The idea of a "sound stage" is that it is sound-proofed well enough so sound cannot enter or escape the room.
To be honest, this is very difficult to find in New York City despite the studio labeling themselves as a "sound stage." On top of that, proper acoustic treatment such as foam, sound blankets, thick curtains or other sound absorbing materials are extremely helpful as well, yet rare in these studios and "sound stages."
Acoustic treatment and soundproofing are two different things. Soundproofing a room is not just putting foam or blankets on the walls; it involves proper installation of proper insulation within the walls, often using dry-wall, fiberglass, caulk and other dense materials. Even ventilation and climate control can be designed and installed with sound-proofing in mind. Sound can travel through tiny cracks and pathways within walls and floors. If air can get in, sound can get in, and when it comes to soundproofing, you are only as strong as your weakest link.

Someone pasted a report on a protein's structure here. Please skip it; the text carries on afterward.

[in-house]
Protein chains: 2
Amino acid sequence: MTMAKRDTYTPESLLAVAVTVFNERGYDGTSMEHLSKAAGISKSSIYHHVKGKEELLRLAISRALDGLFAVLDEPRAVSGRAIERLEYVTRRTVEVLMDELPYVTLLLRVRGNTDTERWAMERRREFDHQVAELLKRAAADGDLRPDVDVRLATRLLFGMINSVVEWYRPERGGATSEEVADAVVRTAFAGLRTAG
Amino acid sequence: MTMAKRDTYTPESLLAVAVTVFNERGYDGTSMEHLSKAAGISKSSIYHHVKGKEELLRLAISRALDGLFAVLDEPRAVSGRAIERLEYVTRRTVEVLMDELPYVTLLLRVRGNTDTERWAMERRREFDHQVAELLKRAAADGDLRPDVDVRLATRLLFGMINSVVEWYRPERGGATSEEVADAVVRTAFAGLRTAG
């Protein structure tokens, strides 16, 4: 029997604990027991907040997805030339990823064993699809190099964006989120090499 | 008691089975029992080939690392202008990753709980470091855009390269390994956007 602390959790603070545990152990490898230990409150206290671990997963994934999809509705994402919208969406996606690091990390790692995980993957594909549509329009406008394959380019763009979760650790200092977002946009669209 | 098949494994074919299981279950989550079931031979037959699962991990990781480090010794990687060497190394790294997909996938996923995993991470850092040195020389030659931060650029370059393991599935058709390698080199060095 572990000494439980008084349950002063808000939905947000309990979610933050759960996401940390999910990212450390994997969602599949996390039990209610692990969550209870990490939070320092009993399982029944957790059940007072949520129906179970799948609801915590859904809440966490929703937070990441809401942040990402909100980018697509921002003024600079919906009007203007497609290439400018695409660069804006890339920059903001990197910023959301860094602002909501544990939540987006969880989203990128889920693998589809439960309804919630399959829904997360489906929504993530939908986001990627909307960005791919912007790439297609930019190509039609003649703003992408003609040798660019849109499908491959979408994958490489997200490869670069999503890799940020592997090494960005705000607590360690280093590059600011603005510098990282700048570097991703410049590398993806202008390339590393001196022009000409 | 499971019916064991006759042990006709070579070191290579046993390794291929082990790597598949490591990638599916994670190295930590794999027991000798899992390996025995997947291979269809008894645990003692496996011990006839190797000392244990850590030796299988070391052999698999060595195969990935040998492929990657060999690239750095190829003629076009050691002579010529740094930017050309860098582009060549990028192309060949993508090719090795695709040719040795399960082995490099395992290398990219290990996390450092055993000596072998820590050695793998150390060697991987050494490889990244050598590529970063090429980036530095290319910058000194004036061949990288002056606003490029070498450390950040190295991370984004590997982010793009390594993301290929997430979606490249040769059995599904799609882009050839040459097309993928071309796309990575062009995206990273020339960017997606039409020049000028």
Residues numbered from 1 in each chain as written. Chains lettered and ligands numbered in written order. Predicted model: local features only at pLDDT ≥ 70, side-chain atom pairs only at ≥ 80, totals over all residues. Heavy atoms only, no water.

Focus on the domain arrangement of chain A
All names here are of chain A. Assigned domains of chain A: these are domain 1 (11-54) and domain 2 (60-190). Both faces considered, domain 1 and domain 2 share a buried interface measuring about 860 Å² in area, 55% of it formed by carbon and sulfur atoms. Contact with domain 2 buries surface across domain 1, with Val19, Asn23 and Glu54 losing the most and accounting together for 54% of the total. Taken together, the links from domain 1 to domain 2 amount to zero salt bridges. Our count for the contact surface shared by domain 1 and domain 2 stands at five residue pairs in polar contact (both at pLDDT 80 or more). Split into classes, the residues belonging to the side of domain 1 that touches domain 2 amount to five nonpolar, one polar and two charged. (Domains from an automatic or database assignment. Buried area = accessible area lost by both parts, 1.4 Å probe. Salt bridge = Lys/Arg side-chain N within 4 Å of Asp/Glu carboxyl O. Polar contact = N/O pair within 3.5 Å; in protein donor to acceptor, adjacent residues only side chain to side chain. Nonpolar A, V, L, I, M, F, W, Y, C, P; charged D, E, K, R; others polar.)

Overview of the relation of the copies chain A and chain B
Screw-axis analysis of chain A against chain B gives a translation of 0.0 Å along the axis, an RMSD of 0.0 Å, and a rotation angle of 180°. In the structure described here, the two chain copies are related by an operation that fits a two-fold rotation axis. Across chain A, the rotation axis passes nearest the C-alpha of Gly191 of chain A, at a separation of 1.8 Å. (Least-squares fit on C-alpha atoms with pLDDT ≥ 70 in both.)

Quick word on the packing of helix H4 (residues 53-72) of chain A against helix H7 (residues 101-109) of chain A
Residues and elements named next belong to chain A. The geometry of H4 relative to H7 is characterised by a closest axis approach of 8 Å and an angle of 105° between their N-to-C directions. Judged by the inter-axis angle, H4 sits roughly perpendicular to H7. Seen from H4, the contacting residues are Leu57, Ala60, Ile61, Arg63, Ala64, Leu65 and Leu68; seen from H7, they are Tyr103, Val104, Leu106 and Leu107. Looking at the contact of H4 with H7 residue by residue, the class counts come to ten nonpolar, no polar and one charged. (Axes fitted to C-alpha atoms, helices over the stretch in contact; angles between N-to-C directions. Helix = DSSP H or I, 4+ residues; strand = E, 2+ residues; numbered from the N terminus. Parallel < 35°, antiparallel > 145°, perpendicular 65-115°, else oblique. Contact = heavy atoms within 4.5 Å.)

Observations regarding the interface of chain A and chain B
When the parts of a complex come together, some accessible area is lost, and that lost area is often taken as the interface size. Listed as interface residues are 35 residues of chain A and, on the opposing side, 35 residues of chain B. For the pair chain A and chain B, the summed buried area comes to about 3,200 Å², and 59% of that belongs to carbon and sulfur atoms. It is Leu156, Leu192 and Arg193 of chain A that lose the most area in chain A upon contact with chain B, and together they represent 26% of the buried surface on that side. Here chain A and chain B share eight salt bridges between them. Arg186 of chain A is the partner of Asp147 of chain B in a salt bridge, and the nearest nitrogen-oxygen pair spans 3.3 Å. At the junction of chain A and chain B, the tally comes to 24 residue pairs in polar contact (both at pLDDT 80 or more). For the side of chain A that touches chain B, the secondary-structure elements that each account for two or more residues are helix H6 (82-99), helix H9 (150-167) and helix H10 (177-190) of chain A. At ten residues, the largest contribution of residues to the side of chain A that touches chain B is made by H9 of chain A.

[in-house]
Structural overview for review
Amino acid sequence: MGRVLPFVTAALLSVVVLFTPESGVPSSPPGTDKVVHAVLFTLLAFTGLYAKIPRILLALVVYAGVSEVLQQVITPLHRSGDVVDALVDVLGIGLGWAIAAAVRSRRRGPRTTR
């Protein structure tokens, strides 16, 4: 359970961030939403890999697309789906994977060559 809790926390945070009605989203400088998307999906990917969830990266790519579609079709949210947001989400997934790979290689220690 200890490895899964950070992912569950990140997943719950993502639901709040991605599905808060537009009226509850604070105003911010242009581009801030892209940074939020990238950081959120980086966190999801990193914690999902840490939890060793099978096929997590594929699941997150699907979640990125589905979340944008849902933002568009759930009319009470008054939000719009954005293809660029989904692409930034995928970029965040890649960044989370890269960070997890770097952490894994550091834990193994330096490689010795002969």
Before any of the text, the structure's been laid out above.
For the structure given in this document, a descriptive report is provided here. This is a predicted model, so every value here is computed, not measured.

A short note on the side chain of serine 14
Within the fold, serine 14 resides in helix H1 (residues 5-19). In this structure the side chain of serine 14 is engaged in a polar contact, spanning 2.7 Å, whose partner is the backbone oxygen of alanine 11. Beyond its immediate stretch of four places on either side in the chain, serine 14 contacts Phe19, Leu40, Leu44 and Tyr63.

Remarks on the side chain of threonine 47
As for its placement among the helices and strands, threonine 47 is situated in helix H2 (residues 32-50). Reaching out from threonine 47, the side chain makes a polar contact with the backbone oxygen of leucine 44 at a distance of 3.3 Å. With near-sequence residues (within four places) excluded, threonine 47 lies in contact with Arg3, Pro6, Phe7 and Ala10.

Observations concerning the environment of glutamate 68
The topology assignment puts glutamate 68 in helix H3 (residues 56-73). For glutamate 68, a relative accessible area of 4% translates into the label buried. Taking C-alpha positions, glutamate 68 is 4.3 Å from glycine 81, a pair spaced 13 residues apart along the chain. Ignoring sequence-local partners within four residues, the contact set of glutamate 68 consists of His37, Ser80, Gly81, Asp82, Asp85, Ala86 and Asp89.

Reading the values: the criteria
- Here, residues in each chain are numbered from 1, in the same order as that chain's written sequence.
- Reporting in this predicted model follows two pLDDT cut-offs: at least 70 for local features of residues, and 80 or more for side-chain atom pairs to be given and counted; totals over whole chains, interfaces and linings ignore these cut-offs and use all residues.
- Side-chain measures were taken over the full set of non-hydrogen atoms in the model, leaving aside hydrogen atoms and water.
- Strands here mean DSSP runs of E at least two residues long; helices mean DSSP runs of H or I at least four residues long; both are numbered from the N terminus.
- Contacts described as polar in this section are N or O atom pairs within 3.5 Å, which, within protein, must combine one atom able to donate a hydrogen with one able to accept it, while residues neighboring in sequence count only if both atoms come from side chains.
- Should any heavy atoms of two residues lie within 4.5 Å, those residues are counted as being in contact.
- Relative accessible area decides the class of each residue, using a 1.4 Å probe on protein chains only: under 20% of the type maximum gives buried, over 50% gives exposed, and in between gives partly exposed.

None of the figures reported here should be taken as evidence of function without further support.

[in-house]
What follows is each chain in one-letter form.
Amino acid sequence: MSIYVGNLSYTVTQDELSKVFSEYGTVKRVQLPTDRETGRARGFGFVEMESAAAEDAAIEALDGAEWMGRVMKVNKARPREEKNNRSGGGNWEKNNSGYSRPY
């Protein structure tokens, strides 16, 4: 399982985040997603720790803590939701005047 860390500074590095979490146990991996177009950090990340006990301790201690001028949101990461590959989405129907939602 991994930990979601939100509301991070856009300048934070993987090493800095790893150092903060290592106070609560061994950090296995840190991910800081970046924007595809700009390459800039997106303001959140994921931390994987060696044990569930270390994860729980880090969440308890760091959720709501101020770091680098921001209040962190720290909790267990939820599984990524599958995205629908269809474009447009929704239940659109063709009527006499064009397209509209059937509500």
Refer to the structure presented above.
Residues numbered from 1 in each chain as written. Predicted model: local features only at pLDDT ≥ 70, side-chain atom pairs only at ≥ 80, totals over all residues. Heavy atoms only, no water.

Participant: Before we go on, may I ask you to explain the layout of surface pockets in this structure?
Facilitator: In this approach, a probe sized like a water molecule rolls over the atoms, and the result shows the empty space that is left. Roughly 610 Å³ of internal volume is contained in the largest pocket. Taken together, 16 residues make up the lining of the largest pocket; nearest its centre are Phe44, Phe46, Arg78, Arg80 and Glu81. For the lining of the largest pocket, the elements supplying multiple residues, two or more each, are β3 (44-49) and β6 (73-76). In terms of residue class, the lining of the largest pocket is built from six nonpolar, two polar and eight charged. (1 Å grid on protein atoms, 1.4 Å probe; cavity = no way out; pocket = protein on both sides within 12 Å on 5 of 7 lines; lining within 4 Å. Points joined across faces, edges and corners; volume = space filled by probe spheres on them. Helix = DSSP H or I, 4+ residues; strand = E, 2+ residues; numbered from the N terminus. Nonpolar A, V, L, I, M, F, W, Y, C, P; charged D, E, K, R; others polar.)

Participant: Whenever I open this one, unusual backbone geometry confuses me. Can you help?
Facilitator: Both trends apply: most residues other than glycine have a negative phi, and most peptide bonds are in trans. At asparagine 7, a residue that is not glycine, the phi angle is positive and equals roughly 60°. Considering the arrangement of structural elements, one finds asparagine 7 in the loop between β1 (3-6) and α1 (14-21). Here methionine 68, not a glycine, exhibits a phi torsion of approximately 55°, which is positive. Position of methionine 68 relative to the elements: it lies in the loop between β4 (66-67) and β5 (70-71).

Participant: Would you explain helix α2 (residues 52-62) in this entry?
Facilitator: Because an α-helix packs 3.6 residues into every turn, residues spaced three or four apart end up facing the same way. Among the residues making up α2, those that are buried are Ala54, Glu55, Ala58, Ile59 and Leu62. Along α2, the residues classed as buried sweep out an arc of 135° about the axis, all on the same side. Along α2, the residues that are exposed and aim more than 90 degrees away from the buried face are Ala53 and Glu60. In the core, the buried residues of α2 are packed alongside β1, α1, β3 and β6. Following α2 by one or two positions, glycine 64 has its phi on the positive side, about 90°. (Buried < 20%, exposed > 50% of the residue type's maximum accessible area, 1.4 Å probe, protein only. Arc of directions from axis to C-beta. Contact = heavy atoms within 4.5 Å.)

I do have good news though! I have worked in some studio spaces and other locations that I really liked and have gathered more recommendations from other local sound mixers. A personal favorite studio space of mine is Digital Arts NY on W. 29th in Manhattan. It has soundproof A/C, Acoustic treatment, no windows, soundproofed doors and was very quiet. They had a green room right next to the studio for clients to comfortably sit in and watch the monitor on a big screen with a short cable run from the studio. The studio was small, however, so with cameras, lights, crew, etc, it might not be big enough for anything much larger than a two person interview. If that works for you, check them out; I personally don't know rates but it seemed it would be fairly priced.